This book illustrates how the politics surrounding sex work shape individual and collective agency. Negotiating Sex Work rejects the divided framework that the selling of sexual acts is either legitimate work or a form of exploitation, instead offering diverse and compelling contributions that reframe these viewpoints. A timely and necessary intervention into sex work debates, this volume challenges how policy makers and the broader public regard sex workers’ capacity to advocate for their own interests.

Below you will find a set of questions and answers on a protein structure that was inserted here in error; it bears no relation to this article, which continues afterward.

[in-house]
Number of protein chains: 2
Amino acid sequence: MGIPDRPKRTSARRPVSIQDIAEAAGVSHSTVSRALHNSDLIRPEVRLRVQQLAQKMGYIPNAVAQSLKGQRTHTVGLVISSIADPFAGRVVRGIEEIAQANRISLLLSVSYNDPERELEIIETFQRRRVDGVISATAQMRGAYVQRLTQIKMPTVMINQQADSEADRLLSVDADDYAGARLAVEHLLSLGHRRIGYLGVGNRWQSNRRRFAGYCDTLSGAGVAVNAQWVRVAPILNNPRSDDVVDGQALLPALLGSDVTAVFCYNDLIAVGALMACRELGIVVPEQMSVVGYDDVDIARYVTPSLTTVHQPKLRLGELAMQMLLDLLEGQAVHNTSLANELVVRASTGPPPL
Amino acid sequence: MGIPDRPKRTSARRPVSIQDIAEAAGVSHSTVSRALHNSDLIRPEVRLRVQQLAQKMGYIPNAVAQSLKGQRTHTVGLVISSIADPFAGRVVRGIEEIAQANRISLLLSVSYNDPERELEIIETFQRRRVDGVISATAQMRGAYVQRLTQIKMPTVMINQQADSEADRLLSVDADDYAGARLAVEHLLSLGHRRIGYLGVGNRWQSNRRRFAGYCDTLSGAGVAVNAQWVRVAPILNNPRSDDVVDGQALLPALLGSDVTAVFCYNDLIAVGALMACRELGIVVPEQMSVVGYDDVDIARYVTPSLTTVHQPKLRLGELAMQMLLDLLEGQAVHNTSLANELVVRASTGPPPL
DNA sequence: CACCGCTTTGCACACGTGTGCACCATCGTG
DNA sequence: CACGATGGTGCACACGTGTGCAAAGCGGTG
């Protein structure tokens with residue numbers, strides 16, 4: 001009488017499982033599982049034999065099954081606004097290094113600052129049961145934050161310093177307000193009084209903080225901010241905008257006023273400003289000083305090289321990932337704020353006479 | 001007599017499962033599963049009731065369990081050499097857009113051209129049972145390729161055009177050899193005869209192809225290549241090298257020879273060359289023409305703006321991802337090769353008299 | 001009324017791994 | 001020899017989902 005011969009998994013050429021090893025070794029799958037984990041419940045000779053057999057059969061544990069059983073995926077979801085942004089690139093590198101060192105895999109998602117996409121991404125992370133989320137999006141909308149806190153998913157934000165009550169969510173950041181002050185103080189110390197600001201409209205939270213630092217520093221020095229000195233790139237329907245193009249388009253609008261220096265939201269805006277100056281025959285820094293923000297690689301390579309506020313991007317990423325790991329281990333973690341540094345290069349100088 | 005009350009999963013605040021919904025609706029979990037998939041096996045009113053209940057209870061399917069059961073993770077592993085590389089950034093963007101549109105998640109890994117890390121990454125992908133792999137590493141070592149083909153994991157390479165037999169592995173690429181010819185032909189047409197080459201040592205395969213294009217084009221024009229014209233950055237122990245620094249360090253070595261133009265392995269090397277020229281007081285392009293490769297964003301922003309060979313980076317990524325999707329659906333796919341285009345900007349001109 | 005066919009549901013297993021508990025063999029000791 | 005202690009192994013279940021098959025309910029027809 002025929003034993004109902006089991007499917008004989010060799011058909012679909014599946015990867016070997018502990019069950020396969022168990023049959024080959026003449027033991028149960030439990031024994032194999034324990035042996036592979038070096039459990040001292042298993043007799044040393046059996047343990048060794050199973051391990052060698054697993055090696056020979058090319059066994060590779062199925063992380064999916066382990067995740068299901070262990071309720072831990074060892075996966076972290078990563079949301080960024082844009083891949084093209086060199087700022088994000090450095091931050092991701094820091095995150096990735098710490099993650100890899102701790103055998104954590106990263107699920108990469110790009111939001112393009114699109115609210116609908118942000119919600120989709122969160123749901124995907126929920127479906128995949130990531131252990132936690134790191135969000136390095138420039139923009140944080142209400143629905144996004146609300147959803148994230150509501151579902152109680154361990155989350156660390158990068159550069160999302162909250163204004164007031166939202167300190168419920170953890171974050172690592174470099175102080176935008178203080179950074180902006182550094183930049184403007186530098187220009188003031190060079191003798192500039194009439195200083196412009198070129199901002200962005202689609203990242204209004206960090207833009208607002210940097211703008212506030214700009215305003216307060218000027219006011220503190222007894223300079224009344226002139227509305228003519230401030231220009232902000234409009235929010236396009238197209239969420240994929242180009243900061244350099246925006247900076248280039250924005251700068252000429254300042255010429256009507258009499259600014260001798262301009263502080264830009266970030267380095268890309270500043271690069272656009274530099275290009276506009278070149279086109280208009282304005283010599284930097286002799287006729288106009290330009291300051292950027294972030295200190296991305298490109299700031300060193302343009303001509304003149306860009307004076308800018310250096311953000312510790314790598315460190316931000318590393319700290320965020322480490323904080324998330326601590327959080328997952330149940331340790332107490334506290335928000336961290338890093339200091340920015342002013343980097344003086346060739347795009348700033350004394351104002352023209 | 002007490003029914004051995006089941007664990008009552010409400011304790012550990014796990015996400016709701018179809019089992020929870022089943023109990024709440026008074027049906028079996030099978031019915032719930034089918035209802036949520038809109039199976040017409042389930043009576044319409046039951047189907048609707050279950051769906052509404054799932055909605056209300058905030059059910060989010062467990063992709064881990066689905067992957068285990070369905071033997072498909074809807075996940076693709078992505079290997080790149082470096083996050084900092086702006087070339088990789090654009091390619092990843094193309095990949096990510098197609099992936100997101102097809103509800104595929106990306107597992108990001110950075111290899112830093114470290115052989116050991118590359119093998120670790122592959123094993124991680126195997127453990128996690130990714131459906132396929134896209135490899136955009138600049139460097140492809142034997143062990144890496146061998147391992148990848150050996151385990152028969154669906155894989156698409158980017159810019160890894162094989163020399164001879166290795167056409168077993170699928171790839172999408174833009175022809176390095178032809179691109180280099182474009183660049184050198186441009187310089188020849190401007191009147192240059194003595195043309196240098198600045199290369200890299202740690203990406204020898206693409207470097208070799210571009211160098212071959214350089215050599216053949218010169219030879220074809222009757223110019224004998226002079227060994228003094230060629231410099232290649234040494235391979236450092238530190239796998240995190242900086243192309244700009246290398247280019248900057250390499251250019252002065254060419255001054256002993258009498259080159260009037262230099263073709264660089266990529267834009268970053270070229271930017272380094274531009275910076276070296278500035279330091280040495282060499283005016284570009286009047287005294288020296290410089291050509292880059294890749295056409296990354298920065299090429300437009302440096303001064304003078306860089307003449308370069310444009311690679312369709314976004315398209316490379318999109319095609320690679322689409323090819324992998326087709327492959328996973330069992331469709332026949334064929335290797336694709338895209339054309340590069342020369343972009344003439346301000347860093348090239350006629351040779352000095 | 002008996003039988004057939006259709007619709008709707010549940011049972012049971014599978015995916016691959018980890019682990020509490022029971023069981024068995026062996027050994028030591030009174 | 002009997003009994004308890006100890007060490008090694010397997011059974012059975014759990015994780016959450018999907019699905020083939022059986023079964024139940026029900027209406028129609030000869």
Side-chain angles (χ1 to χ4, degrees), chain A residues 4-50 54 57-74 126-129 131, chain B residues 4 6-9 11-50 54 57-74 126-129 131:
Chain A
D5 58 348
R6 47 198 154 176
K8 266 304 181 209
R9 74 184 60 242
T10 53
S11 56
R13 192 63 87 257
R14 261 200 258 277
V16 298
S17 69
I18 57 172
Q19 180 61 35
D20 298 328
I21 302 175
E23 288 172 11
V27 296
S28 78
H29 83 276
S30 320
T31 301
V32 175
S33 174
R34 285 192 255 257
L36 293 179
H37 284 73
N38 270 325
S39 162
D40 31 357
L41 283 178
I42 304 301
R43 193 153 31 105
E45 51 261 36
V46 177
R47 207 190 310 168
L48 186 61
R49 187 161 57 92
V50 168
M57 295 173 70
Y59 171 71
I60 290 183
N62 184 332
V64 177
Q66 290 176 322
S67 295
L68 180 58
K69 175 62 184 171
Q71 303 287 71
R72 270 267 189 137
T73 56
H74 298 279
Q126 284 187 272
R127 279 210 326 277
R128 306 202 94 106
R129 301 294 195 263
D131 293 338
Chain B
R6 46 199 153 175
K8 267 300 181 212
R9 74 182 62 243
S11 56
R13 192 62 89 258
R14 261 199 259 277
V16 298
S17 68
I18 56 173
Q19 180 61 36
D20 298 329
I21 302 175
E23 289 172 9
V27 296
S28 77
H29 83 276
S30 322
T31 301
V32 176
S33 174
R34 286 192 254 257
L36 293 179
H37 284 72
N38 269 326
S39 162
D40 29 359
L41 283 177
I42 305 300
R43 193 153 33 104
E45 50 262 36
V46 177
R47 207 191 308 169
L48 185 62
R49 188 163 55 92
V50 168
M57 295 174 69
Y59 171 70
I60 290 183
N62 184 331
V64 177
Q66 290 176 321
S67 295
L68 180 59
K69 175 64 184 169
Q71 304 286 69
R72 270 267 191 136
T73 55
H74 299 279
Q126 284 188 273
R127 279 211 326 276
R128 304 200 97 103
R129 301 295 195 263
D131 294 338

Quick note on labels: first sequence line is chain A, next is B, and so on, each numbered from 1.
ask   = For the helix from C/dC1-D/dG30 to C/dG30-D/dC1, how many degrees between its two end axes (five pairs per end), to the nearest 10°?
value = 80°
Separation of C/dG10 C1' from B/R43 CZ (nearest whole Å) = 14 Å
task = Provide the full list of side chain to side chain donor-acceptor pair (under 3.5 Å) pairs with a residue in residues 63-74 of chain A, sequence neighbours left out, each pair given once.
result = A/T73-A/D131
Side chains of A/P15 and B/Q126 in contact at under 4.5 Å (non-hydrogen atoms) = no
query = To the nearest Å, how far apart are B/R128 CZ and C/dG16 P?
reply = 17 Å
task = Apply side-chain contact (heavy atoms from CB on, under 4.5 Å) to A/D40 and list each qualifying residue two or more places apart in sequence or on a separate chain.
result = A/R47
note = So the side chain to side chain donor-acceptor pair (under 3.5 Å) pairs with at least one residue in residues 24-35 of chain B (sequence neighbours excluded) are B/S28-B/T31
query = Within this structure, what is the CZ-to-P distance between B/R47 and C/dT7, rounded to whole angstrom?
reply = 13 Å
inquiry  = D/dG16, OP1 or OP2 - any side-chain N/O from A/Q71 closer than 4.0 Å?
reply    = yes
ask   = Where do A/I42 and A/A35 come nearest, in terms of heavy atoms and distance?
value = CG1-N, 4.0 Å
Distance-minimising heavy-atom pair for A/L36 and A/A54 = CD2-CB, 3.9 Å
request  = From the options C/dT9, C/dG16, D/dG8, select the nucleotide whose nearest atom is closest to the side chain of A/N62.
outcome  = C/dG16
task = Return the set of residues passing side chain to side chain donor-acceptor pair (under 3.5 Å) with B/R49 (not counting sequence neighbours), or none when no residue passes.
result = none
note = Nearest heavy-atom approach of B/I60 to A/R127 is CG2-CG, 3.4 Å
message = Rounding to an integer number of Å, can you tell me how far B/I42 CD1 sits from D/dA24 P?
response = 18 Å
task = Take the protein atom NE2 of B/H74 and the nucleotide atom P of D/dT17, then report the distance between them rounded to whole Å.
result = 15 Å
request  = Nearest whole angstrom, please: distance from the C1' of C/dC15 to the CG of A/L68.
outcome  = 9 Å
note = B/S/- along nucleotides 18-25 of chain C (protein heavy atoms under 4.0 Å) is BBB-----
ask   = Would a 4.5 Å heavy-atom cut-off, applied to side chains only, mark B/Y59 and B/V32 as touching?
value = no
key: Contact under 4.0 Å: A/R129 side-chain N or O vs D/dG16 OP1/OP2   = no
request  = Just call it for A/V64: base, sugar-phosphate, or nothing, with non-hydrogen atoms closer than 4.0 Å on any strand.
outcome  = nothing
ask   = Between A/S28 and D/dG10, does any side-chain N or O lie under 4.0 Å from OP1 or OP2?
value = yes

Professor Carisa Showden, whose research focuses on political theory and feminist theory, recently published Choices Women Make, with The University of Minnesota Press. Choices Women Make looks at the political, economic, and social forces affecting how different groups of women, in a variety of situations, exercise agency. In so doing, it interrogates what we mean when we say someone has "agency" or can act as an "agent" for herself. The book explains how agency--commonly understood as an individual construct--is fundamentally social and political in its development. To explore what social and political agency looks like, Showden looks at how and why different groups of women make decisions in the contexts of intimate partner violence, assisted reproduction, and prostitution.